Although depression is a debilitating and paralyzing mental illness, it often goes undiagnosed and therefore untreated. There are a number of reasons why we never reach out for help, many of them having to do with the stigma that still surrounds addiction in our society and in our communities.
Depression is a serious mental illness that affects how a person feels, thinks, and acts. It is estimated that 16 million Americans suffer from depression each year. In fact, the World Health Organization (WHO) estimates that depression is now one of the most burdensome diseases worldwide, affecting more people than chronic physical conditions like diabetes and asthma.
Depression can cause you to lose interest in activities once enjoyed, including: sex, eating, sleeping, and having fun. While both women and men are affected by depression equally, there are differences between how it affects each gender. Women are twice as likely to seek treatment for depression while men tend to turn to drugs and alcohol.
Reasons Why Depression Goes Undiagnosed
There is still a common misconception that addicts use their illness as an excuse for bad behavior. Addiction is equated with criminal behavior and immorality, poverty, and homelessness. Addicts are demonized and shunned, ostracized even from their own families. We are consumed with fear of being judged, criticized or blamed for our illness.
For these reasons, many of us keep our struggles to ourselves, using avoidance and secrecy to cope, and often denying even to ourselves that we actually have a problem. All too often, we never seek out therapy. Furthermore, we frequently don’t tell our doctors how much mental and emotional pain we’re in. We often will go years of our lives suffering alone, in silence.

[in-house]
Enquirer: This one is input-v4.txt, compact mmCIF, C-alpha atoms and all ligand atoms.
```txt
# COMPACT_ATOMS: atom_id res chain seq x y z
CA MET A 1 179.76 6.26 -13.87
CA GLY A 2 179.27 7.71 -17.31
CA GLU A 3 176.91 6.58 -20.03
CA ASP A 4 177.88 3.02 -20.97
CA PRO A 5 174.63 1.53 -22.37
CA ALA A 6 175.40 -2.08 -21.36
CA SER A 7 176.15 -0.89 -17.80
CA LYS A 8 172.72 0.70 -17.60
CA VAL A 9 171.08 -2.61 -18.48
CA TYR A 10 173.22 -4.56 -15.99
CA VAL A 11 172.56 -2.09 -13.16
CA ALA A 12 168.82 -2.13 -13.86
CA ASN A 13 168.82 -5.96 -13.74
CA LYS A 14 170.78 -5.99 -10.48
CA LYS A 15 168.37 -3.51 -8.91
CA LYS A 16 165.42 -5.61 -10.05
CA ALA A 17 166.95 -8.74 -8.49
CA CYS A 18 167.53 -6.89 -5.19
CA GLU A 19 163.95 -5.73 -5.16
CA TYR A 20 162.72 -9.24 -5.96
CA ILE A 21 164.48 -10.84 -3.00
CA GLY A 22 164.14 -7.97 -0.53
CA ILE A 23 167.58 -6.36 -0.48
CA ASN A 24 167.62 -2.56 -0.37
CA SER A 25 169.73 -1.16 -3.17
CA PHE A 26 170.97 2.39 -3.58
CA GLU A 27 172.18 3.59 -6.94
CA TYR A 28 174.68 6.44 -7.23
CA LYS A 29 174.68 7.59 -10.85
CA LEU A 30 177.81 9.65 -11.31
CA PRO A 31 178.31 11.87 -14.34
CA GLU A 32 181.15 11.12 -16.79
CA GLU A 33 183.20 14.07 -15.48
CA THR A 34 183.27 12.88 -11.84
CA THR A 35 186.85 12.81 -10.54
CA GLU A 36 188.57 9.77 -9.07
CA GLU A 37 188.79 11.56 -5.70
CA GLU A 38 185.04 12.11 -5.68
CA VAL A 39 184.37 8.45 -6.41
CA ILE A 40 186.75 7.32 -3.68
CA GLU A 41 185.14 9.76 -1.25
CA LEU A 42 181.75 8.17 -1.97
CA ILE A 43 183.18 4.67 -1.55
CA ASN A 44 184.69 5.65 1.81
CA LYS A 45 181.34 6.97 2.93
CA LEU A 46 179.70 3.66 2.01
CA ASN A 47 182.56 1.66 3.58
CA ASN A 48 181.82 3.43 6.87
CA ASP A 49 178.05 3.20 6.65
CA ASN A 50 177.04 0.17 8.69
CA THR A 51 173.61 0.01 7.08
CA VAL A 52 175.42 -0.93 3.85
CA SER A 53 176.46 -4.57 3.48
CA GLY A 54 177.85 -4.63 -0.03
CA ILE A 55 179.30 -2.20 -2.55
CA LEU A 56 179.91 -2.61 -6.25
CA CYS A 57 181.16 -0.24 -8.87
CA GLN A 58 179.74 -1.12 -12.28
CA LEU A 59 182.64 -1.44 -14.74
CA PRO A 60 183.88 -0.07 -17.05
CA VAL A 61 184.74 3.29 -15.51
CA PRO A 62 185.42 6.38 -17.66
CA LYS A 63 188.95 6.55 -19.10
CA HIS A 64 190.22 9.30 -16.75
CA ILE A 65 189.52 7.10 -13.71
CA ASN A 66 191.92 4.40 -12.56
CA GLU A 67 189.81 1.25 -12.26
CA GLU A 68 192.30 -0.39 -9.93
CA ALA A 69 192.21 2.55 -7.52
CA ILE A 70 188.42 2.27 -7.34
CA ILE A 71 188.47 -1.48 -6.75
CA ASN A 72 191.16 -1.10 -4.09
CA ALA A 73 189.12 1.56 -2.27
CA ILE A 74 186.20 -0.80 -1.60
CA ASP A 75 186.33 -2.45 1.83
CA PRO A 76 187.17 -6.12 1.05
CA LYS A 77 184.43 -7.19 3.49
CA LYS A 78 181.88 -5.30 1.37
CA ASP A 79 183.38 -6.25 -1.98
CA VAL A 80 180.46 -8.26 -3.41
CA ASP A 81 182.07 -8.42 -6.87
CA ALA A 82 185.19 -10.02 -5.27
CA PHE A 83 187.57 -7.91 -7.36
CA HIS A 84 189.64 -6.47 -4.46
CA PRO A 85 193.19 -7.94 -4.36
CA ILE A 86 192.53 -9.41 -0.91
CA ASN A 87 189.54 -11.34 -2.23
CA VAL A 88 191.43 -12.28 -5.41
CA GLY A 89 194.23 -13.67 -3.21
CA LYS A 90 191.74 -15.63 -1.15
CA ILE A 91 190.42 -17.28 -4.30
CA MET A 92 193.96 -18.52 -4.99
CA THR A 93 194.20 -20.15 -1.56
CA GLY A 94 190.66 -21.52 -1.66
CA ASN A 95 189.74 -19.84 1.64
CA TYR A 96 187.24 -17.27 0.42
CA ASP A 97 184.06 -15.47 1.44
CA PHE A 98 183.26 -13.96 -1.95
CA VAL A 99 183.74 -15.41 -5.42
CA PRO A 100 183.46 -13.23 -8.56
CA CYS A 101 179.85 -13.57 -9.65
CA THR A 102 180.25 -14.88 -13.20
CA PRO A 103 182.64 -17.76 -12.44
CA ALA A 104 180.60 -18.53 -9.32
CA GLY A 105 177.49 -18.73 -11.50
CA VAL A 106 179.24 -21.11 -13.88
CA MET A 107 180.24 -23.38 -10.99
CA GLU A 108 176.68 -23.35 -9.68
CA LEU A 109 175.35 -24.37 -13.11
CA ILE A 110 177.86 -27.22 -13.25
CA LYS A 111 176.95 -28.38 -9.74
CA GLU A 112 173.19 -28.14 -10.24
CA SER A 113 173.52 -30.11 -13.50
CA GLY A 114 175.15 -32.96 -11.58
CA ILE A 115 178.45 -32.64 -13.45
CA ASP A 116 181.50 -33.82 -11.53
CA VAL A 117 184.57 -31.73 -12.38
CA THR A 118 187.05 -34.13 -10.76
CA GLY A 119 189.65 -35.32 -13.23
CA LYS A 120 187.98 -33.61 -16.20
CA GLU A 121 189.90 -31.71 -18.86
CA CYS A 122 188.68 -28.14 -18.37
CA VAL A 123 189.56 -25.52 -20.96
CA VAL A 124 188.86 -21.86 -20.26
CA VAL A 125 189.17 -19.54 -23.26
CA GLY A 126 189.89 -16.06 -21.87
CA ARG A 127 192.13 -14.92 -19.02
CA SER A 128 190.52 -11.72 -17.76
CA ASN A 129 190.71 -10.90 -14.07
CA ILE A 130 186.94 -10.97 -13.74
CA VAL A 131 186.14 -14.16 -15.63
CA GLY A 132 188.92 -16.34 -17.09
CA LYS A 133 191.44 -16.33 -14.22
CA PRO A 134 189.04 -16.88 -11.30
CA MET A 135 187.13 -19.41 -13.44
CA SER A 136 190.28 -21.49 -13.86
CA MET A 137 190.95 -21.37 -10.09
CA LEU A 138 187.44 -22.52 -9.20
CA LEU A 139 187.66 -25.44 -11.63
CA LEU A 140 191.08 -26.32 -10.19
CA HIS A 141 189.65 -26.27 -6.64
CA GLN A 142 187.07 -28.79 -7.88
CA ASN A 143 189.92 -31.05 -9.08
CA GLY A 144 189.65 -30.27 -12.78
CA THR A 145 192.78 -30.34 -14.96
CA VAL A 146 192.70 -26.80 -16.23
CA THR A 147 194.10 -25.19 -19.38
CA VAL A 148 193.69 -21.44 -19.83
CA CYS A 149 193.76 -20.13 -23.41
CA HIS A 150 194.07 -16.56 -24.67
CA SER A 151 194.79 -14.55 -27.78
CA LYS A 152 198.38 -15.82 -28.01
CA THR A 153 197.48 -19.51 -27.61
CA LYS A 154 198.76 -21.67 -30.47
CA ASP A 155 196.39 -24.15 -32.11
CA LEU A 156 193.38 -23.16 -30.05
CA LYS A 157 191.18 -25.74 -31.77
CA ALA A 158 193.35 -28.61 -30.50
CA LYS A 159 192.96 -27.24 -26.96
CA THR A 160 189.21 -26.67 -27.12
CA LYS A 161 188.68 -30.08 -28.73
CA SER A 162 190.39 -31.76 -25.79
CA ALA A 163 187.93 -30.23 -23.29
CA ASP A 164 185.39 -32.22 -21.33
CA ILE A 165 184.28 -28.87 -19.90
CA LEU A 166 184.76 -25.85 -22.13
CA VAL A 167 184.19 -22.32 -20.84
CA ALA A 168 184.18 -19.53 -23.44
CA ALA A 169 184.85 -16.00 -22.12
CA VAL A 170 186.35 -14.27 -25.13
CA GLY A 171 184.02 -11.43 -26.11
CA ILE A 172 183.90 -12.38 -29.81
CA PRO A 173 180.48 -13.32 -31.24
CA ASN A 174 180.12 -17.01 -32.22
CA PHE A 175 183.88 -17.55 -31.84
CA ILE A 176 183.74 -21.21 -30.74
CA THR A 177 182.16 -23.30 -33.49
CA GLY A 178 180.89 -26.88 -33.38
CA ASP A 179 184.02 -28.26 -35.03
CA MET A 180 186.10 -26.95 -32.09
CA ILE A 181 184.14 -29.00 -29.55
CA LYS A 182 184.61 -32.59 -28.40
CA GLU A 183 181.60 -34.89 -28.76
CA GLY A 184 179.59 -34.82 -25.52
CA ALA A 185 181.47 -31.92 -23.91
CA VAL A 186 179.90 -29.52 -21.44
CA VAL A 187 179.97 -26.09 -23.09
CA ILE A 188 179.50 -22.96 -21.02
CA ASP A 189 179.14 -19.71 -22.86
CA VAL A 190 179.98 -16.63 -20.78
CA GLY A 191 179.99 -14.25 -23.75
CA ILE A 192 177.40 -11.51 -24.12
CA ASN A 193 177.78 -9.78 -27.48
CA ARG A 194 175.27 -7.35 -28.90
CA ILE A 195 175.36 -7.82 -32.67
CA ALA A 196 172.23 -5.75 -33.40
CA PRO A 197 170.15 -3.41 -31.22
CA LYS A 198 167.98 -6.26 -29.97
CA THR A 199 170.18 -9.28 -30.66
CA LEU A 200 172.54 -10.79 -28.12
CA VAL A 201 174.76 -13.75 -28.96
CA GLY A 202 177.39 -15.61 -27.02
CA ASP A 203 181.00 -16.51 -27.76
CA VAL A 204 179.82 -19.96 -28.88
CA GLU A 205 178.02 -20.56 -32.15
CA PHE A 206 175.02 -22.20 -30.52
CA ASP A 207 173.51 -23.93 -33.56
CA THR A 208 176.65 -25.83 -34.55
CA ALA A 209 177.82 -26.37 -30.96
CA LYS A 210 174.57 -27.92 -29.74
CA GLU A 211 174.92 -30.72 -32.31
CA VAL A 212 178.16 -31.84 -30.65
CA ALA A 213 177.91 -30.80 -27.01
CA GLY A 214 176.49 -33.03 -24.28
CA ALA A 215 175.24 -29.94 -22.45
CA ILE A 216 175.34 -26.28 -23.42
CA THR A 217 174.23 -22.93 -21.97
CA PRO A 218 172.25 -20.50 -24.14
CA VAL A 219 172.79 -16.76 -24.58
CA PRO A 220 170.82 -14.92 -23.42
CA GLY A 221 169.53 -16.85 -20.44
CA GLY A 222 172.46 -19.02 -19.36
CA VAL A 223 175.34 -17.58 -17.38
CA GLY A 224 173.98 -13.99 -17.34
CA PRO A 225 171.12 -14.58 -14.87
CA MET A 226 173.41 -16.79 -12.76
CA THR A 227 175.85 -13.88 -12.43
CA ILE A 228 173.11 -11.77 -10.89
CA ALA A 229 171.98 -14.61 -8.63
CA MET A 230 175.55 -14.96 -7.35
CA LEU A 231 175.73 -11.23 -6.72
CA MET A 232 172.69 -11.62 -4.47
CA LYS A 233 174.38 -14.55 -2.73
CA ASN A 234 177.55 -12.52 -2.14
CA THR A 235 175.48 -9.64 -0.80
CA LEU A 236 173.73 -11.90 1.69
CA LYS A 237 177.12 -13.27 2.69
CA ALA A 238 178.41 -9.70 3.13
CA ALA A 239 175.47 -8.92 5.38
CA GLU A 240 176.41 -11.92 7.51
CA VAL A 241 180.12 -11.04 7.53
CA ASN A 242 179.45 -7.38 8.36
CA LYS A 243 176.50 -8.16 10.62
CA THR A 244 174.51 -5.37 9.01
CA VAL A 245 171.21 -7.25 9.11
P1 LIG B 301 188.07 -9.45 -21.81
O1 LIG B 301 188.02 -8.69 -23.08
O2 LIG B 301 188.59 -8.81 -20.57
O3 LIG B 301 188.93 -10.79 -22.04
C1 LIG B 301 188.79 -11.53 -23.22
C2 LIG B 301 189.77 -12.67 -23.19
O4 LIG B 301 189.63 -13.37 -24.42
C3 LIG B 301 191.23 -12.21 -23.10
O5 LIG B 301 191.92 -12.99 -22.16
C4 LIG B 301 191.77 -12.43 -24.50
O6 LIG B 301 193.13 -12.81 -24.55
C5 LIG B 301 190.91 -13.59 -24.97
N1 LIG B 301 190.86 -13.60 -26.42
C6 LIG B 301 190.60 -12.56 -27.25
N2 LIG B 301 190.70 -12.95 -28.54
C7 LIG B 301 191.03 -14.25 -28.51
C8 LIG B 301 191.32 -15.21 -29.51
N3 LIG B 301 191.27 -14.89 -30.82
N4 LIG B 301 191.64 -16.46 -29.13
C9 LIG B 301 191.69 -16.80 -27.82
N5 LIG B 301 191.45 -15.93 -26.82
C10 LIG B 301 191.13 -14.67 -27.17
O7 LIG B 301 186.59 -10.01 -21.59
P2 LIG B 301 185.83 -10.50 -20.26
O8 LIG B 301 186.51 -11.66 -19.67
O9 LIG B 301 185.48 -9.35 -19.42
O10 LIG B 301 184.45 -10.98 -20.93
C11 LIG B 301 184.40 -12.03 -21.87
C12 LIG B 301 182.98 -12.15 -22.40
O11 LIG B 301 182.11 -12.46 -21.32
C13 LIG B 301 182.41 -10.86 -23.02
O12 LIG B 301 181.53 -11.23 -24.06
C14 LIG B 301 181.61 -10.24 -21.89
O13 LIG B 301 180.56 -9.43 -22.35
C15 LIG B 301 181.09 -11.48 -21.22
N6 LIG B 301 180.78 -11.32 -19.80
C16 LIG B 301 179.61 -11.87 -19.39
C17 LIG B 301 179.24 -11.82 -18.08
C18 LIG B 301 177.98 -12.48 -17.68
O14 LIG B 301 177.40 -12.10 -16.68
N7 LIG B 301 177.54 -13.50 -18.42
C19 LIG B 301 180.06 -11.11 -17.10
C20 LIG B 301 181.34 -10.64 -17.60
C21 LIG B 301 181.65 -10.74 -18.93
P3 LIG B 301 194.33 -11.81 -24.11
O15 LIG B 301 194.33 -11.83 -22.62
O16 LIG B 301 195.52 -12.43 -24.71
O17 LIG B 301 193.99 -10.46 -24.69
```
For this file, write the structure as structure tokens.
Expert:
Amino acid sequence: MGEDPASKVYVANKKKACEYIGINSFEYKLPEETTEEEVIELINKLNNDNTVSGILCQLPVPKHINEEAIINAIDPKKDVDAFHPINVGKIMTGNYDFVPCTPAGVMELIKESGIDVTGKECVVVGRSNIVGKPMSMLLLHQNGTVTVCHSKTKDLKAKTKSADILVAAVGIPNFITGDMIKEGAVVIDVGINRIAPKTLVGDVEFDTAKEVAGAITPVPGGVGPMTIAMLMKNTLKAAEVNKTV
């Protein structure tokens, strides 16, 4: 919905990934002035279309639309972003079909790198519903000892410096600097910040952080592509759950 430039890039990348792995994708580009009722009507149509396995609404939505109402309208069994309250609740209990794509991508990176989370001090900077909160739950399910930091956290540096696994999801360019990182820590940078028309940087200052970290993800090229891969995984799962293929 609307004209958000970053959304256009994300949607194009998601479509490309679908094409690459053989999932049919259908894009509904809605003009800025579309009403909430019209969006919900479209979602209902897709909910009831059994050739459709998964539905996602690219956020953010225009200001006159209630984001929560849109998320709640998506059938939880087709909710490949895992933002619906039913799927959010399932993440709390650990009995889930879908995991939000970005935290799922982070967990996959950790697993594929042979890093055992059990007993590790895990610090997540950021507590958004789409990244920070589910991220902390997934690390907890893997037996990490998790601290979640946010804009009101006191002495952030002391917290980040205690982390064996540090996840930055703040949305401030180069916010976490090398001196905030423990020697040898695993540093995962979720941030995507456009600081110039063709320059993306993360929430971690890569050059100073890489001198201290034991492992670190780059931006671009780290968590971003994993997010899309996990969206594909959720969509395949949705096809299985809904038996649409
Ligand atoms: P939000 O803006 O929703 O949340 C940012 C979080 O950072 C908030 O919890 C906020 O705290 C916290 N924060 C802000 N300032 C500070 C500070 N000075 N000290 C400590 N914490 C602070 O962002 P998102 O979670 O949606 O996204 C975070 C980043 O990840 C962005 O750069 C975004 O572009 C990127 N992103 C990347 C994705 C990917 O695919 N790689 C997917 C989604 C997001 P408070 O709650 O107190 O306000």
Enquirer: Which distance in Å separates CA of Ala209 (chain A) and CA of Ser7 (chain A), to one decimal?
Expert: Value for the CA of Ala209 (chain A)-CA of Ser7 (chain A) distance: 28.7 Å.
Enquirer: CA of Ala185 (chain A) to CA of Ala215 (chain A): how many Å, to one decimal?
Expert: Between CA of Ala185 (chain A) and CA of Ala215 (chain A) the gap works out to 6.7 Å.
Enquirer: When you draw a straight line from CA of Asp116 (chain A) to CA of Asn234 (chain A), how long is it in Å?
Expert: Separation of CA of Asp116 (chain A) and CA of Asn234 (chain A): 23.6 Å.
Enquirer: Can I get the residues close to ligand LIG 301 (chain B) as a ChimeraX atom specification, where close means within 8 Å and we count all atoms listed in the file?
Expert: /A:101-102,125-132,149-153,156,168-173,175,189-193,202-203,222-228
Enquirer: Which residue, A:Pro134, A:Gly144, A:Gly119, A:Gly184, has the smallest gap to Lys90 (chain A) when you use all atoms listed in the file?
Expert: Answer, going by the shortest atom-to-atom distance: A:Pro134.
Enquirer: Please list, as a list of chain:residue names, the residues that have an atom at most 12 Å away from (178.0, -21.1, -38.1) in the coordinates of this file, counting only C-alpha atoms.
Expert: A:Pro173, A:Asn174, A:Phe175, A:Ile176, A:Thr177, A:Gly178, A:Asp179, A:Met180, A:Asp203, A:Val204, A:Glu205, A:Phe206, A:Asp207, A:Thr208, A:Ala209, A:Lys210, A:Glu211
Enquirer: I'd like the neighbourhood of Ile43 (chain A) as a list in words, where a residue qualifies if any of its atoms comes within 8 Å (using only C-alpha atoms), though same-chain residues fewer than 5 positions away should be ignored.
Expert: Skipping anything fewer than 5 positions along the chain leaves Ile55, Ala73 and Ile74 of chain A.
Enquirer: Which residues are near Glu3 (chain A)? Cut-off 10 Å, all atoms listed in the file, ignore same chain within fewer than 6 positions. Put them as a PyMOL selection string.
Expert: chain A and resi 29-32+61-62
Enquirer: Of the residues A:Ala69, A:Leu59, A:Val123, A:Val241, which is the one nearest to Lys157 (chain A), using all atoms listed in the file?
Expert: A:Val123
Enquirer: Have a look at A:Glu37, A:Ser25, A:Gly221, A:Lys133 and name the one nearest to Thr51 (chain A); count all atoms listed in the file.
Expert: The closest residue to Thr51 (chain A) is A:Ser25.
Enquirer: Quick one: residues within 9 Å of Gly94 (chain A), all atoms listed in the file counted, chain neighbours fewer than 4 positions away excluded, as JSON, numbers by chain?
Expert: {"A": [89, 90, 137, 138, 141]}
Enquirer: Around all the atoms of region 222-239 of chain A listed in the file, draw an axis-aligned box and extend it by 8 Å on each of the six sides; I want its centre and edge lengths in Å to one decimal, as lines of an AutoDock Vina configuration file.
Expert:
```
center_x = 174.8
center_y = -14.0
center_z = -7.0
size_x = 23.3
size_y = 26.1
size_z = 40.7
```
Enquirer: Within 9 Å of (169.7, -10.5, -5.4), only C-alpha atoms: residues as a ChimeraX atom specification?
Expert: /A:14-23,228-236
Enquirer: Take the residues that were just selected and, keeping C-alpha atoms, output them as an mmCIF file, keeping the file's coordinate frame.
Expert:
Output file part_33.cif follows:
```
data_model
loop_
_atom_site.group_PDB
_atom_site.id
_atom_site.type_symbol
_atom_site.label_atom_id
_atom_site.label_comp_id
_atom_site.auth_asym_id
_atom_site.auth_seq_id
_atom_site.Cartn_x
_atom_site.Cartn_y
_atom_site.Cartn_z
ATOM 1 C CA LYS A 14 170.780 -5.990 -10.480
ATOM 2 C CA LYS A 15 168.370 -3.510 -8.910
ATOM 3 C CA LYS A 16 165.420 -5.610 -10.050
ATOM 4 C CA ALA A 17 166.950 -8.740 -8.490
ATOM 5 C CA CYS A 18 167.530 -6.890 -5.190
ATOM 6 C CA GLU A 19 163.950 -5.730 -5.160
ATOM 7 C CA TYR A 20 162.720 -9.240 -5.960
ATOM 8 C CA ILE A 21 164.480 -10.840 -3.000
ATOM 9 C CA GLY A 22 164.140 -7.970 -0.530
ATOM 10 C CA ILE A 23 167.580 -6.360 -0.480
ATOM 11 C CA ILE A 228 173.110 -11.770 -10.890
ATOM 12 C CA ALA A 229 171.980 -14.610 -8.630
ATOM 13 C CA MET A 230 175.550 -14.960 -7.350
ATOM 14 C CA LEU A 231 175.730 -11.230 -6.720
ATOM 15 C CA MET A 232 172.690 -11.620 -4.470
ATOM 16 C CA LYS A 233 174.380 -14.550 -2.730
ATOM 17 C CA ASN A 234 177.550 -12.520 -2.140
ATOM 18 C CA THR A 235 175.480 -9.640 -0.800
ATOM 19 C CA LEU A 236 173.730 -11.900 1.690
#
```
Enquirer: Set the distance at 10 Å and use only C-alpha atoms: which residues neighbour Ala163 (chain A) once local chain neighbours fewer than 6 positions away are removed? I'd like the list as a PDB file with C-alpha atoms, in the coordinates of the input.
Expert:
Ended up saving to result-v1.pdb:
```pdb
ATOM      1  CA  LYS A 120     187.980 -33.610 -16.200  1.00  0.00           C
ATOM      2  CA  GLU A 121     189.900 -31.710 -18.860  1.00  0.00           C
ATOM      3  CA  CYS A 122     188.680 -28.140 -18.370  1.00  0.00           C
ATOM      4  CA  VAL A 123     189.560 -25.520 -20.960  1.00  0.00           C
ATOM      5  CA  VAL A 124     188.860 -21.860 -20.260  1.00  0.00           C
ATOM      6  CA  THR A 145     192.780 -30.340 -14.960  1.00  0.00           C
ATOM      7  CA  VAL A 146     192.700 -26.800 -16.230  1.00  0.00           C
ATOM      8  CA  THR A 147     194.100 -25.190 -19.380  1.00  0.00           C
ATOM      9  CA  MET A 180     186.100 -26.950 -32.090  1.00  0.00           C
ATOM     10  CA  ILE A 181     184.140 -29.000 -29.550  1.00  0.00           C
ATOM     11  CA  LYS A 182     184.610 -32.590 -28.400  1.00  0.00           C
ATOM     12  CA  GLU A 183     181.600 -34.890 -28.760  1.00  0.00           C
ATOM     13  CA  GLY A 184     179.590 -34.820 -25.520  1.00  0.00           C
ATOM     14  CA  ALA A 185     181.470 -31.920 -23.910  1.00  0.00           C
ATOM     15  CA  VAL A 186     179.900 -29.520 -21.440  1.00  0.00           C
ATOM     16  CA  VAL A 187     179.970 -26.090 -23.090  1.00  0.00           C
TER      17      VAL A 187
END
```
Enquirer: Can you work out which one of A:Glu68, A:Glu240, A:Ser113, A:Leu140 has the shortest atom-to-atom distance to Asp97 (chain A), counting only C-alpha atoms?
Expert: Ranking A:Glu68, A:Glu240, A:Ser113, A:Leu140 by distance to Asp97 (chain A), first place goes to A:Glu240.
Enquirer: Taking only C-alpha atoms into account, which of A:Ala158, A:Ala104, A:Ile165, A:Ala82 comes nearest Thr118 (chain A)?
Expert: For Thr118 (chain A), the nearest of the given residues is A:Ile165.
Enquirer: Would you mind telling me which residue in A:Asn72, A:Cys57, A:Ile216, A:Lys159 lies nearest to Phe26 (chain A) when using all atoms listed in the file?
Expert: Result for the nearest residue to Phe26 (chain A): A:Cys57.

Lack of Awareness
Another reason depression often goes untreated is because we ourselves don’t realize we’re depressed. We often do the following:
- Mistake our depression for normal feelings of sadness. Basically, we don’t understand that there is a huge difference between passing difficult emotions and the everyday suffering that comes with depression.
- Mistake the fatigue and exhaustion of our depression for normal tiredness. We confuse our intense anxiety for normal stress levels.
- Don’t have the vocabulary or the understanding around mental health to put into words how we’re feeling. There is a sense of feeling hopeless and alone. We know we feel like we’re dying, even when everything in our lives is seemingly fine. We know we can’t stop worrying, but we don’t know why.
When we ourselves don’t know that we’re experiencing depression, we’re much less likely to confide in our doctors or our loved ones. We’re not likely to know that therapy could offer us the support we need.
Very often, we don’t want to believe that we suffer from depression. Consequently, we sweep our feelings under the rug, hoping our avoidance will make them go away. We think that if we don’t address our depression, maybe it will clear up on its own.
An Unfamiliar Condition
Many of us don’t know other people who struggle with depression, or we don’t know that we do. Why? Because so few people are open about their personal struggles, for fear of being judged or looked down upon. We didn’t grow up in families that were accepting and understanding about mental illness or addiction. We feel alone in our pain. Consequently, we opt to keep it to ourselves and turn a blind eye to it as much as possible.
Examining why depression goes undiagnosed and untreated can help us to have a clearer understanding of mental health issues, both in ourselves and in the communities we work with.
Treatment For Depression Can Help
Bayview Recovery’s nurturing, understanding and supportive community can help you to heal from the co-occurring disorders that often accompany addiction. Call 855.478.3650 today for more information.